For the past five years, I’ve been keeping a secret. Actually, I guess you could say I’ve been lying—to a lot of people. Well, it’s time to come clean, so here goes: I’m a working mother. I have two young children, and with the exception of Monday, Wednesday and Friday between the hours of 9 a.m. and 3 p.m., I’m basically a stay-at-home mom.
Wow, it feels to get that out. Don’t get me wrong: People who know me know that I have kids. I’m not THAT good at keeping secrets. But people who meet me as a writer, who are on the receiving end of interview requests and questions about healthcare or history or business or whatever else I write about—those people have no idea. I always make sure to feign limitless availability and then scramble and yell for my husband to come home and watch the kids when a healthcare executive wants to do an interview at the exact moment preschool lets out. My new favorite way of squeezing one more “I’m available, I’m lying to myself and you about being a stay-at-home mom!” hour out of my day is doing interviews in my car in the preschool parking lot. It’s genius, really. I can make the call at 2:40, wrap things up at 2:55 and still have plenty of time to breathlessly sprint inside to avoid paying that $10-per-minute late fee.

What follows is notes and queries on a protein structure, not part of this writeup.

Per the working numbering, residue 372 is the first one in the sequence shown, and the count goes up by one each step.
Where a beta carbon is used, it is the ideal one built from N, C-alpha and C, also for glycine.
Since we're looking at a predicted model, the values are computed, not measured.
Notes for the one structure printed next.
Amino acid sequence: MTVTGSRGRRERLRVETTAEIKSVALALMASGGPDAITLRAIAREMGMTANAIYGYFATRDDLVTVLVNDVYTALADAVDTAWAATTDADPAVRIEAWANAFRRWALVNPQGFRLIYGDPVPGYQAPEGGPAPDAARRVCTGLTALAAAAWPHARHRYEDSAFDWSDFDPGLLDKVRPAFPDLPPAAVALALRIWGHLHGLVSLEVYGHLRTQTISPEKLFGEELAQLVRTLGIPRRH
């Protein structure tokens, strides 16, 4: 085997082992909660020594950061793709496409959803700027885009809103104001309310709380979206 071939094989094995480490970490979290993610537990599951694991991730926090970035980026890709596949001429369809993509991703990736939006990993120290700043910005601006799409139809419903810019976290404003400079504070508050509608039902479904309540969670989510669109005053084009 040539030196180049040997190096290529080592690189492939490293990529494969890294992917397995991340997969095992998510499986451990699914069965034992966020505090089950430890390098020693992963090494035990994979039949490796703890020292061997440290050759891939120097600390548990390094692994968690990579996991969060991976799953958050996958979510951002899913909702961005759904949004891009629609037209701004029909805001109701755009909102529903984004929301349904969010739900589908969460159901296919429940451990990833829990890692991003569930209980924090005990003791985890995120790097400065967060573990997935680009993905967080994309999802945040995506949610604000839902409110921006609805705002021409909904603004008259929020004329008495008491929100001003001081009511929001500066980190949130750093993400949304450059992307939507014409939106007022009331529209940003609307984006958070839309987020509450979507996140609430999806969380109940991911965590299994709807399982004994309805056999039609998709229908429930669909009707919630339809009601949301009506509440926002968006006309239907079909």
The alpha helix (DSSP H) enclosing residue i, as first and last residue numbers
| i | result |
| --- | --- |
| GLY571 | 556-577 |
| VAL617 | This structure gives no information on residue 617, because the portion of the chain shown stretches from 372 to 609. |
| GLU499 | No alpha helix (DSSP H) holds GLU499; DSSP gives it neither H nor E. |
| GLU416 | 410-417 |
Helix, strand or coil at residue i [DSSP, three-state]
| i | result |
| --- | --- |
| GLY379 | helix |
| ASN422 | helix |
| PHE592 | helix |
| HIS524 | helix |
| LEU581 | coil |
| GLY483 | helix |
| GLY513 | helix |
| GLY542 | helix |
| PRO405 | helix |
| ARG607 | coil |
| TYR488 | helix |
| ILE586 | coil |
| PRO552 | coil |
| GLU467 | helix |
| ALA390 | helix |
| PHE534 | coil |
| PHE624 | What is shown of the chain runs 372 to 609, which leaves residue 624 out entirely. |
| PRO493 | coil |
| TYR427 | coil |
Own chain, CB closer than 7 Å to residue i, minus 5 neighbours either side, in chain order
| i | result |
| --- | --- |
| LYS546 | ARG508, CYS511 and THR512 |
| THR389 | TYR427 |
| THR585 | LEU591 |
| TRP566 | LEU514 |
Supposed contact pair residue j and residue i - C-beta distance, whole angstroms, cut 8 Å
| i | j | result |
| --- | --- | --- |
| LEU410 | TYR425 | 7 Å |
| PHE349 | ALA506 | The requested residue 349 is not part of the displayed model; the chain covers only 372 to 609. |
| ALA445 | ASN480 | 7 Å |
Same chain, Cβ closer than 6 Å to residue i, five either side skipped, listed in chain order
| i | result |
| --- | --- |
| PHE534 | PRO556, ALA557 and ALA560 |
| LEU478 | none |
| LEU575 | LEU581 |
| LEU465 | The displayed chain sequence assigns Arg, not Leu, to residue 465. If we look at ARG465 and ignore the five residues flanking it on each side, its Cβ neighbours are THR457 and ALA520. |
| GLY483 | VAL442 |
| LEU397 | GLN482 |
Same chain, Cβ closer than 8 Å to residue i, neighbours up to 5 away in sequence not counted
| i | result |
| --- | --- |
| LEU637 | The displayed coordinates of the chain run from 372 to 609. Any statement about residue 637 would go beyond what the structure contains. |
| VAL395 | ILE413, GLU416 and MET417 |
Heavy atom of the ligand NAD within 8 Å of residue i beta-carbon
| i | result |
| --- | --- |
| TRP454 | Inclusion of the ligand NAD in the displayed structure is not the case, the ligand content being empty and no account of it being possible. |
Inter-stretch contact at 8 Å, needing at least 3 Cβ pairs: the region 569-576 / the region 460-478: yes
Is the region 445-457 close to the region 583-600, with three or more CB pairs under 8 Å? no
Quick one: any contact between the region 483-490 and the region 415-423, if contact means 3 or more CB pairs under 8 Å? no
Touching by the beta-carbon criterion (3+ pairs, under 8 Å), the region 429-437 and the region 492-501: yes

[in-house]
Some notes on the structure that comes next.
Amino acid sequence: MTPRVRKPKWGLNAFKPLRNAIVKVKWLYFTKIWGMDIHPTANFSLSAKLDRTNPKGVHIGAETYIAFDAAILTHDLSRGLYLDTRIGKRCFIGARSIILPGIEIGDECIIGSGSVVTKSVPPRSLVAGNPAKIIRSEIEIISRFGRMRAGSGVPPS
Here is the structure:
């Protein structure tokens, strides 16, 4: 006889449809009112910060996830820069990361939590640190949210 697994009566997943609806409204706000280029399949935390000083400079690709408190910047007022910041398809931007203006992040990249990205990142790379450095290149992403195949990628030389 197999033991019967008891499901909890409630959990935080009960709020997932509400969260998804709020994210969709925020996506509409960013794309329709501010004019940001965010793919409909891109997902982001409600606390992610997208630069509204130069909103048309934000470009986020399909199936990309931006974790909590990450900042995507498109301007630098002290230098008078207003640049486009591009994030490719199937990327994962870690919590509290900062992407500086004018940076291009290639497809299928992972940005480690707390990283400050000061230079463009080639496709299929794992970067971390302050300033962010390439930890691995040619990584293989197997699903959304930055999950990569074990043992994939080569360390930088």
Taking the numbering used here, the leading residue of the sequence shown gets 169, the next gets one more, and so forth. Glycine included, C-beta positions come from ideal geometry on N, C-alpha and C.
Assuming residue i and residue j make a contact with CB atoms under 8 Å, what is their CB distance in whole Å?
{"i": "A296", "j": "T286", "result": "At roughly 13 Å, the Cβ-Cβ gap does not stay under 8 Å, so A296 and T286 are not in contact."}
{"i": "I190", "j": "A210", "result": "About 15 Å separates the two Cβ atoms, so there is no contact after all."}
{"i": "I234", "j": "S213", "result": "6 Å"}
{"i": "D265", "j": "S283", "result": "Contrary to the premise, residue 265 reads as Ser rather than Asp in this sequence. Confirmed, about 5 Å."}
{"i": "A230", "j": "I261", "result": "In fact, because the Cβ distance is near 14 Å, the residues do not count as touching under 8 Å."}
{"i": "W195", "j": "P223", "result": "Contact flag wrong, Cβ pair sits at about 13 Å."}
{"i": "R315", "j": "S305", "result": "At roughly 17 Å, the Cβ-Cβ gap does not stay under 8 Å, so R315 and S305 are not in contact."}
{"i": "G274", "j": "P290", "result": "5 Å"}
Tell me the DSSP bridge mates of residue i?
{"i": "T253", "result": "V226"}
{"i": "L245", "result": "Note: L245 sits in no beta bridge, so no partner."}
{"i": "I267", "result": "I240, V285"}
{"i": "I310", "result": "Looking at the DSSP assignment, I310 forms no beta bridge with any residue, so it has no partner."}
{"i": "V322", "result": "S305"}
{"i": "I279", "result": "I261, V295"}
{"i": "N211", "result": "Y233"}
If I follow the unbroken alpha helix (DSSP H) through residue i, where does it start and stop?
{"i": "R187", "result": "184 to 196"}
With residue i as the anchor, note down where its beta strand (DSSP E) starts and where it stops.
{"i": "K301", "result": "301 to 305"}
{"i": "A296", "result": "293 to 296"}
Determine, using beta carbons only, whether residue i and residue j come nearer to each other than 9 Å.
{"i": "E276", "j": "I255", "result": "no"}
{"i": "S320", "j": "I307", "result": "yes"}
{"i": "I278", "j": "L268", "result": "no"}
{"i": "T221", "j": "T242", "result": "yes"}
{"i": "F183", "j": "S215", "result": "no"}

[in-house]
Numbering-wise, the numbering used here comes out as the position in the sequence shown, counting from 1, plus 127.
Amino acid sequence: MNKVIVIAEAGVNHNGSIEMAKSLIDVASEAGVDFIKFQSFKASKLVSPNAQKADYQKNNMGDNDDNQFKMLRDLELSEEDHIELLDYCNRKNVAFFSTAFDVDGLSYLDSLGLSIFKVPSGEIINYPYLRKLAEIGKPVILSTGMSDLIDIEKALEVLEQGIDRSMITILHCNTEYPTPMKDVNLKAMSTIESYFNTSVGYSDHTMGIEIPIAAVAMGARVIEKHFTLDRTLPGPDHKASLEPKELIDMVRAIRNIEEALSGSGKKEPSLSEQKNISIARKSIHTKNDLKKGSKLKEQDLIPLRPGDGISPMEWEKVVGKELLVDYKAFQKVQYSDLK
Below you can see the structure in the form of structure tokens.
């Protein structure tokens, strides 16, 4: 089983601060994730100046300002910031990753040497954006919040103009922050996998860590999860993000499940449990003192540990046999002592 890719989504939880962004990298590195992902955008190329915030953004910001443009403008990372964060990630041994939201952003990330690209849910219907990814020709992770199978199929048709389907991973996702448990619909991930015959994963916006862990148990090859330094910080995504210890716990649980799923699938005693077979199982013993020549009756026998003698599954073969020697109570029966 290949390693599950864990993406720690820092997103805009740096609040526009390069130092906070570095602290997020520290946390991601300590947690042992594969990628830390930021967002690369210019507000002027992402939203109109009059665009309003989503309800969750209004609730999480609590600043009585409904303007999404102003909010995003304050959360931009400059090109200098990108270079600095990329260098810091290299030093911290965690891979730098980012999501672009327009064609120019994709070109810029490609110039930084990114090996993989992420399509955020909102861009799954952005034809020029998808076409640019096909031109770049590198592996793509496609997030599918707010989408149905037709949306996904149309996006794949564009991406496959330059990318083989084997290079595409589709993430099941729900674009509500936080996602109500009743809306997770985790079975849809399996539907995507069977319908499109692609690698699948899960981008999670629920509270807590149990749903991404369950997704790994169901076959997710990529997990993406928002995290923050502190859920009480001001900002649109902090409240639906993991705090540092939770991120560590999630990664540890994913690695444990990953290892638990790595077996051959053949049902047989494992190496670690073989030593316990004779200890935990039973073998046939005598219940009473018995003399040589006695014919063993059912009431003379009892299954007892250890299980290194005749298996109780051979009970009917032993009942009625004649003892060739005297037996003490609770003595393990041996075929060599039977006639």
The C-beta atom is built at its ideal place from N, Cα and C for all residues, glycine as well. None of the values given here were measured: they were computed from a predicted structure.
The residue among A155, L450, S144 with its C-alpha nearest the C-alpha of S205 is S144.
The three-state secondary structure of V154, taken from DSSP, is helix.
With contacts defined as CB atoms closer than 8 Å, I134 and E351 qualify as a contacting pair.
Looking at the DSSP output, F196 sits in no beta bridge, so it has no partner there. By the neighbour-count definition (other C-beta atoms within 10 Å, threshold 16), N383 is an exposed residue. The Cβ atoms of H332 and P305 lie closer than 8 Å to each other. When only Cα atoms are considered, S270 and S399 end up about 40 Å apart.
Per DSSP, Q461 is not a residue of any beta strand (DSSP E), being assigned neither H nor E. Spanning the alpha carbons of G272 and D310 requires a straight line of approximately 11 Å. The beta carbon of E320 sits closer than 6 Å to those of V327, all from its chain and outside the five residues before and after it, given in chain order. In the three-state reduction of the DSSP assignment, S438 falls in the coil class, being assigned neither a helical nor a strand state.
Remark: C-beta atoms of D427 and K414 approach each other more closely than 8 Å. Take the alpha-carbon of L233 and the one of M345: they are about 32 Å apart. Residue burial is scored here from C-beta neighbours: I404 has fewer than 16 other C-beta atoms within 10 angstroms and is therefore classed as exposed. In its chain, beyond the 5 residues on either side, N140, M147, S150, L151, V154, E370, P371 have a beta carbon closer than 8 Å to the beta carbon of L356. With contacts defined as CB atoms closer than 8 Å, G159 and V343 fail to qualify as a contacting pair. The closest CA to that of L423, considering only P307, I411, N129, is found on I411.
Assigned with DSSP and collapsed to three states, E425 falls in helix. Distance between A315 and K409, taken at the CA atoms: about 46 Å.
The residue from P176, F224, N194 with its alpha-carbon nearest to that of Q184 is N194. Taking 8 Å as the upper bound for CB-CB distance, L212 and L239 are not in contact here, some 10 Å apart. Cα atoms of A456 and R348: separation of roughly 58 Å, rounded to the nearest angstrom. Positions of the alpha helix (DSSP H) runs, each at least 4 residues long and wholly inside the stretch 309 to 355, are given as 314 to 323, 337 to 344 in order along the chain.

I could continue to keep up this charade, or, you know, I could be honest and let these people, many of whom I’m sure have children themselves, know what’s up so we can work together to find a time that works for both of us.
Do I really think they’ll look at their email and see that they’re dealing with a mother of young kids and throw their hands up and say, “Hrmph, a working mother! I won’t give you this interview! You clearly don’t take your job seriously!” Yes, yes I do think that’s what they’ll say.
I have either wrongly assumed it or we as a society have agreed that mothers, especially those who have the descriptor stay-at-home in front of their names, couldn’t possibly be as good at their jobs as non-mothers.
But guess what? I’m really good at my job. This is me bragging about myself for a minute. When the people I interview, you know, the ones I’ve been lying to, see the articles I’ve written, they’re impressed. And that’s probably with them picturing me sitting at whatever they think a writer’s desk should look like. Can you imagine what they’d think if they saw how things really get done? I’d like to think it would change their minds a little bit about what it means to be a working mother.
Another reason I think I’ve been lying this whole time is that I’ve wrongly assumed that being a mother shouldn’t matter. And in a perfect world, it shouldn’t. But I can tell you and I’ve talked to many people who can tell you, there is a special set of challenges, expectations and assumptions made about “us” as a whole. And my failure to disclose being a mother just perpetuates all of it.
So this is me standing up for myself and standing up for working mothers everywhere. I’m a mother and I work and I’m really good at my job. Phew.